Venue: New York Public
Address: New York Public Library, 5th Ave at 42nd St, New York, NY 10018

Foster Responds to Kimmelman’s “Offensive” Diatribe Regarding the New York Public Library

The Public Library’s (NYPL) main building on Fifth Avenue, is a Beaux-Arts masterpiece designed by architects Carrère & Hastings. Image via Flickr User CC wallyg.

When applying “major surgery” to a beloved, 20th century “masterpiece”, you’re going to face some harsh criticism. Such is the case for Norman Foster, as the legendary British architect has been receiving intense backlash from New York’s toughest critics for his proposed renovation to the New York Public Library. First, the late Ada Louise Huxtable exclaimed, “You don’t “update” a masterpiece.” Now, the New York Time’s architecture critic Michael Kimmelman claims the design is “not worthy” of Foster and believes the rising budget to be suspect.

More on Kimmelman’s critique and Foster’s response after the break…

Foster’s Design for the New York Public Library Unveiled

The ’s (NYPL) main building on Fifth Avenue, is a Beaux-Arts masterpiece designed by architects Carrère & Hastings. Image via Flickr User CC wallyg.

The New York Public Library (NYPL) has unveiled the details of their controversial plan to renovate the 20th century, Carrère and Hastings “masterpiece” on 5th Avenue. Designed Foster + Partners, the $300 million dollar proposal is a response to the cultural shift from traditional stacks to online resources, as the library has experienced a 41% decrease in the use of collections over the last 15 years.

Sensitive to concerned critics, the promises to preserve the building’s legacy as it integrates a new, state-of-the-art Circulating Library into its flagship Stephen A. Schwarzman Building on 42nd Street. Foster’s “library within a library” will transform seven floors of stacks, currently occupying the back of the building, into an aesthetically, technologically and environmentally advanced public space that meets the needs of our 21st century society.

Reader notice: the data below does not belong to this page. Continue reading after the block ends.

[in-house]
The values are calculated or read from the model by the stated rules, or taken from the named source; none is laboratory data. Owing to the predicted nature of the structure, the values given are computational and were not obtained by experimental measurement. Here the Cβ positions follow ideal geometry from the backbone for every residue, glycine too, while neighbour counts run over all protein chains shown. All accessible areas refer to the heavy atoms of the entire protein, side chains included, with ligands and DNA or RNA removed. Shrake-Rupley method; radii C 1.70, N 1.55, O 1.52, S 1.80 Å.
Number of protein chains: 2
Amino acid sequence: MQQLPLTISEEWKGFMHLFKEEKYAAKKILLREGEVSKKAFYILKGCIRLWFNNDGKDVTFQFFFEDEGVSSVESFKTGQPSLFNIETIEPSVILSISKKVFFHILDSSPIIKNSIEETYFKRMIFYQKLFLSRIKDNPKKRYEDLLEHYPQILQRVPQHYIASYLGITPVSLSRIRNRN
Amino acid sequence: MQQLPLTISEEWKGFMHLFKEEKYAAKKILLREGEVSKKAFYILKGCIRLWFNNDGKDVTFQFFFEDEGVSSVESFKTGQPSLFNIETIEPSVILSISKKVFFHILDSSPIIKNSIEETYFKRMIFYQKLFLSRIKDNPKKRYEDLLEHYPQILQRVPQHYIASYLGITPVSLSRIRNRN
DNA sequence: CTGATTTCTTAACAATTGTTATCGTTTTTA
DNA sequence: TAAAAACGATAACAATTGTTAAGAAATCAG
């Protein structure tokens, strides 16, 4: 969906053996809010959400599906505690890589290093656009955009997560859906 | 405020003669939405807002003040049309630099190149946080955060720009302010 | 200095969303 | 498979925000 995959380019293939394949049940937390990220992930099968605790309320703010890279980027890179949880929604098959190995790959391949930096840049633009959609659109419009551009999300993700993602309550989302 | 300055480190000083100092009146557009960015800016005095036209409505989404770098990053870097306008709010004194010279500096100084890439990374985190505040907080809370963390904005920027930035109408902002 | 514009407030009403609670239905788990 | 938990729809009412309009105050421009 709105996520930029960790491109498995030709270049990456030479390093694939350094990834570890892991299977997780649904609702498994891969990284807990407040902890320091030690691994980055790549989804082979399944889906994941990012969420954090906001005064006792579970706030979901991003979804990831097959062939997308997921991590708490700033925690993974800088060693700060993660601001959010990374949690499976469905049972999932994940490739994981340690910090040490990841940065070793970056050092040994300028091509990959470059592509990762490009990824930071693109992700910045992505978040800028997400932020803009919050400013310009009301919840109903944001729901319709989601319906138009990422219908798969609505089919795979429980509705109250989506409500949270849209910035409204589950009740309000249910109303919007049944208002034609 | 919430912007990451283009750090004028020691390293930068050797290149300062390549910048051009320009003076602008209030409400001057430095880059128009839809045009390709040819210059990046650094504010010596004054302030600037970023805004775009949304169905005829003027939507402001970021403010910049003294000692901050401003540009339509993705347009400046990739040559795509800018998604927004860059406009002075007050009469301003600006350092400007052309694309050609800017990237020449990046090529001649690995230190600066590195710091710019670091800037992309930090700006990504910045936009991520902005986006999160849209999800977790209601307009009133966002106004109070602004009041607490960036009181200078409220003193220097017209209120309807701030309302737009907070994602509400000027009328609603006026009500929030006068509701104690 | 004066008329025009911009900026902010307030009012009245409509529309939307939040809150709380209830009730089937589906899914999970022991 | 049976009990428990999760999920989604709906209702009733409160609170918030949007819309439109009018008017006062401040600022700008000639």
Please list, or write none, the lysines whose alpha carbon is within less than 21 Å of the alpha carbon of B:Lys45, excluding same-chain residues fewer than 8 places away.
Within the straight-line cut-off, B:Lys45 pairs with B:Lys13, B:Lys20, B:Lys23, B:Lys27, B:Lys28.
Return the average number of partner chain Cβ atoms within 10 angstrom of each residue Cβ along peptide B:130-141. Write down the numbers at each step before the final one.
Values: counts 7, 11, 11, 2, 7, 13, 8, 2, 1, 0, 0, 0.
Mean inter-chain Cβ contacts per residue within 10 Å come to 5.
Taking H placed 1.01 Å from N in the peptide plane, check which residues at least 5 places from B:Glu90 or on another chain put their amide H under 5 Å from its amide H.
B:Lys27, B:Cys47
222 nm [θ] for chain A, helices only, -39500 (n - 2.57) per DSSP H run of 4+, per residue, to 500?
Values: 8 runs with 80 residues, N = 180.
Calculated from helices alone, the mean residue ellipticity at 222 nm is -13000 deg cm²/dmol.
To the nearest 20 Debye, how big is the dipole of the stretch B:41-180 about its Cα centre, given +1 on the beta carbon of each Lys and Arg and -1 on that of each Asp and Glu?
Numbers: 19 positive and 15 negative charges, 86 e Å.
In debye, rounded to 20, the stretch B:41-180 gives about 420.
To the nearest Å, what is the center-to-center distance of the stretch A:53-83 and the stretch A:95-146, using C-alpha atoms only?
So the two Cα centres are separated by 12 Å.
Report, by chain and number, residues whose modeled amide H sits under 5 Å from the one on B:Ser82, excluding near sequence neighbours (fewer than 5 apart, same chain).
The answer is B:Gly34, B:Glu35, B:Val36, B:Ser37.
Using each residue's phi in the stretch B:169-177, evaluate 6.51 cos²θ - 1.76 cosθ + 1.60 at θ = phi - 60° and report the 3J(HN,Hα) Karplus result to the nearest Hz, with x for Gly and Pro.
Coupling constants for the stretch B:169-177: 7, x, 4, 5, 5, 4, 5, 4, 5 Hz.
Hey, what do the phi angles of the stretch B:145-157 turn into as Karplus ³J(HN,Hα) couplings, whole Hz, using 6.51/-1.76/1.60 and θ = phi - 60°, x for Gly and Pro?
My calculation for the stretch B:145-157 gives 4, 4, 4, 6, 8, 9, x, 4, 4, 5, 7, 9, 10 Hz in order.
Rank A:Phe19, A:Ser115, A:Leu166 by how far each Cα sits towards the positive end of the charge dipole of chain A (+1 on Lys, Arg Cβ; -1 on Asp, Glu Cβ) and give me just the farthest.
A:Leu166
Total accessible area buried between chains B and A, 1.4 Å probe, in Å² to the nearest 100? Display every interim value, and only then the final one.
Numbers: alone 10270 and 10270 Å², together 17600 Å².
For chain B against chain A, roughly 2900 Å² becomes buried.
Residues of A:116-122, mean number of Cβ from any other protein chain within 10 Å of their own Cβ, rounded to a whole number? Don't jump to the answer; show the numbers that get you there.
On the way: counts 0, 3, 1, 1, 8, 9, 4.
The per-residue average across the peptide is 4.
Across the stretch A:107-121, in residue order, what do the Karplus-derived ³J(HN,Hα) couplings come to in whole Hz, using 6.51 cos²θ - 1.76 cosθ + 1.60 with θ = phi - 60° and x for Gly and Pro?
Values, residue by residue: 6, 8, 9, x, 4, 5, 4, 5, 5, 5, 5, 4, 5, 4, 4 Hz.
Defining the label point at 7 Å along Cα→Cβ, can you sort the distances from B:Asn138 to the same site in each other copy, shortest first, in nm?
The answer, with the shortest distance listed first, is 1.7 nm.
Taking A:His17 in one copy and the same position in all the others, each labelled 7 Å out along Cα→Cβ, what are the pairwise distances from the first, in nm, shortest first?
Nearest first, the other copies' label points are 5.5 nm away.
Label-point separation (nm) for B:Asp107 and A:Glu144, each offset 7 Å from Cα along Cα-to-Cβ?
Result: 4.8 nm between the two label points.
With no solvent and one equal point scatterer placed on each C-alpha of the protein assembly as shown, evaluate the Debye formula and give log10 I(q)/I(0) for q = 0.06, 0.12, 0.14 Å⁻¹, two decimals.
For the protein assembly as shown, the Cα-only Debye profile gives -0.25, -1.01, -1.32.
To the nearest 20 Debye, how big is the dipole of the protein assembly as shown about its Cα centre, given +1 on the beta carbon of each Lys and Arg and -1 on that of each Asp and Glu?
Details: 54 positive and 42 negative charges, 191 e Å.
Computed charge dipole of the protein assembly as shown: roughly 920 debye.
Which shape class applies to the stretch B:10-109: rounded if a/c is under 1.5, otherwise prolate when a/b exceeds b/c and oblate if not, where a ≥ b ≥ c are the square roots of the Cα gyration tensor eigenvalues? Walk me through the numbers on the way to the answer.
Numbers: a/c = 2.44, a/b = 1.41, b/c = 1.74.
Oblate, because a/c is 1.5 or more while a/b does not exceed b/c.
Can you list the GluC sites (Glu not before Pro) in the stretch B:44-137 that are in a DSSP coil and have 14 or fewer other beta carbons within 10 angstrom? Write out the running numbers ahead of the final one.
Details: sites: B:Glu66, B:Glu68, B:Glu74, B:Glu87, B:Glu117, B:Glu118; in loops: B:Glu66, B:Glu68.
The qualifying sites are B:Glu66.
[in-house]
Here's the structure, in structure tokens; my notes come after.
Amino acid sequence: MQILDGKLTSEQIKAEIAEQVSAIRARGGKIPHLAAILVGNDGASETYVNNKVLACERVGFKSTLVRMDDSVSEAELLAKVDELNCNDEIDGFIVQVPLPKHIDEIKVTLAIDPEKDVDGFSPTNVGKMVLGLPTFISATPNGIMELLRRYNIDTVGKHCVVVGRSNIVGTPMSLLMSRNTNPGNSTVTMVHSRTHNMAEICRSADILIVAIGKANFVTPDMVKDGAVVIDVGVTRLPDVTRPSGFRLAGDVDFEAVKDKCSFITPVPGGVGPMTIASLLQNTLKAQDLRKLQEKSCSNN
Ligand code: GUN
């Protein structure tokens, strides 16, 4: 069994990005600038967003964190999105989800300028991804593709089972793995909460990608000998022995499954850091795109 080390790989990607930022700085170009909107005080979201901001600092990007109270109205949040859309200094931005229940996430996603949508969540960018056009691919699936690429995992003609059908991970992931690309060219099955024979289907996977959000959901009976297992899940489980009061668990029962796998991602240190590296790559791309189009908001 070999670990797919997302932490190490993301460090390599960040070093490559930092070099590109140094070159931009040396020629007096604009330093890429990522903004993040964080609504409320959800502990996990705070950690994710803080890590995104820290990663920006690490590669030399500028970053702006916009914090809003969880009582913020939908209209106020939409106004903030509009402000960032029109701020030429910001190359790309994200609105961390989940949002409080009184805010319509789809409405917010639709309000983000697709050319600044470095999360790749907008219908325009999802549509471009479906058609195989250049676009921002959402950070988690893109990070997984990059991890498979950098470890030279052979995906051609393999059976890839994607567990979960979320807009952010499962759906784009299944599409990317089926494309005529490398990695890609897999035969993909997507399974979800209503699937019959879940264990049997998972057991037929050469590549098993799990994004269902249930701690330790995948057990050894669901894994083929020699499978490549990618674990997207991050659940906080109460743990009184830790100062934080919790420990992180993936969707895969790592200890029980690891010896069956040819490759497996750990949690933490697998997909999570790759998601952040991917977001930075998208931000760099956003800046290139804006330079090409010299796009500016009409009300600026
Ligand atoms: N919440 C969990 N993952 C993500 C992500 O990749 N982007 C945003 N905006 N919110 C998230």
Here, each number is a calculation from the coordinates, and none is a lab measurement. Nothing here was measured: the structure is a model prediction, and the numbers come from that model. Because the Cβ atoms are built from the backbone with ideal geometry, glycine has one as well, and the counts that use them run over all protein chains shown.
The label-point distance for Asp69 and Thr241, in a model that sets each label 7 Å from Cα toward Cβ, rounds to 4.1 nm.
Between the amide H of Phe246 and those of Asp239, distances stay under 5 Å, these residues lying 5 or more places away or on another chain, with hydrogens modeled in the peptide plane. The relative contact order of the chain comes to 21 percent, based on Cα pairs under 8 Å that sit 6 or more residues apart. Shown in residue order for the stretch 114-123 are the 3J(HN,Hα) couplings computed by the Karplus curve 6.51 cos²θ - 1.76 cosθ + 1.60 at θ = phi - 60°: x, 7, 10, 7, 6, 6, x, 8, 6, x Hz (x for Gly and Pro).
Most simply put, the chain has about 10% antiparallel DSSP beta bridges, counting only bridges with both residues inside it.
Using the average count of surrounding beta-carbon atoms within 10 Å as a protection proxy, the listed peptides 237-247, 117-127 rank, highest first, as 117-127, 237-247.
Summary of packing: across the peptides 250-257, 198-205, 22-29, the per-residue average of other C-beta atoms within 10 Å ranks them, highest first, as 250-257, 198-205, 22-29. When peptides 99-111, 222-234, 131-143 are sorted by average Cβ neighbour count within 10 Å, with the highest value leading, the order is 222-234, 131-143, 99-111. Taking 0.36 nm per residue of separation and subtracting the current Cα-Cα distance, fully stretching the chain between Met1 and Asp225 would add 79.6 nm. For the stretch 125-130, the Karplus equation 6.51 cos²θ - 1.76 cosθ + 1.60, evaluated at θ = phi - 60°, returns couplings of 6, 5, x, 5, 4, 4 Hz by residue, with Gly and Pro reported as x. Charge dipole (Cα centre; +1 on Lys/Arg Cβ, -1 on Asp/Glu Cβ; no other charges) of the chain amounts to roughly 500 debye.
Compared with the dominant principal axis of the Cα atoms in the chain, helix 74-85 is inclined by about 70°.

“We need to be respectful of the beloved, iconic building and to create a new inspiring space,” Anthony W. Marx, the library’s president, said in an interview with the New York Times. “At a time when people wonder about the future of libraries, we’re going to create the greatest library the world has ever seen.”

Learn all the details and see the renderings after the break…

Ada Louise Huxtable Takes On The New York Public Library

The ’s (NYPL) main building on Fifth Avenue, is a Beaux-Arts masterpiece designed by architects Carrère & Hastings. Image via Flickr User CC wallyg.

The New York Public Library has a plan to save millions of dollars, improve efficiency, and reverse the cutbacks that have been plaguing it. How? By sending little-used resources off-site (after all, most people use the library for its online resources these days), the Library will consolidate three libraries into one Mid-Manhattan branch, renovating the building with a streamlined, efficient design – courtesy of Foster + Partners - to create “the largest combined research and circulating library in the country.”

It sounds like a wonderful, modern solution. Ms. Ada Louise Huxtable would beg to differ.

The former New York Times architecture critic and current critic for the Wall Street Journal has come out swinging against the plan. First, she builds on the critique that others have made, that by moving volumes off-site (to New Jersey, or “Siberia, as she puts it) to make room for more modern amenities, the library will devalue its primary purpose (making resources readily accessible). To put it another way, as Scott Sherman did in his article for The Nation, it would turn the library into “a glorified internet café.” Then, Huxtable makes her own argument: that removing the current, intricate system of stacks would be an enormously complex, expensive, and hopelessly misguided structural challenge.

But, ultimately Ms. Huxtable’s argument comes down to the intrinsic architectural and cultural value of this Beaux Arts Masterpiece: “You don’t “update” a masterpiece.”

More on the Ms. Huxtable incendiary critique of The New York Public Library’s Central Plan, after the break…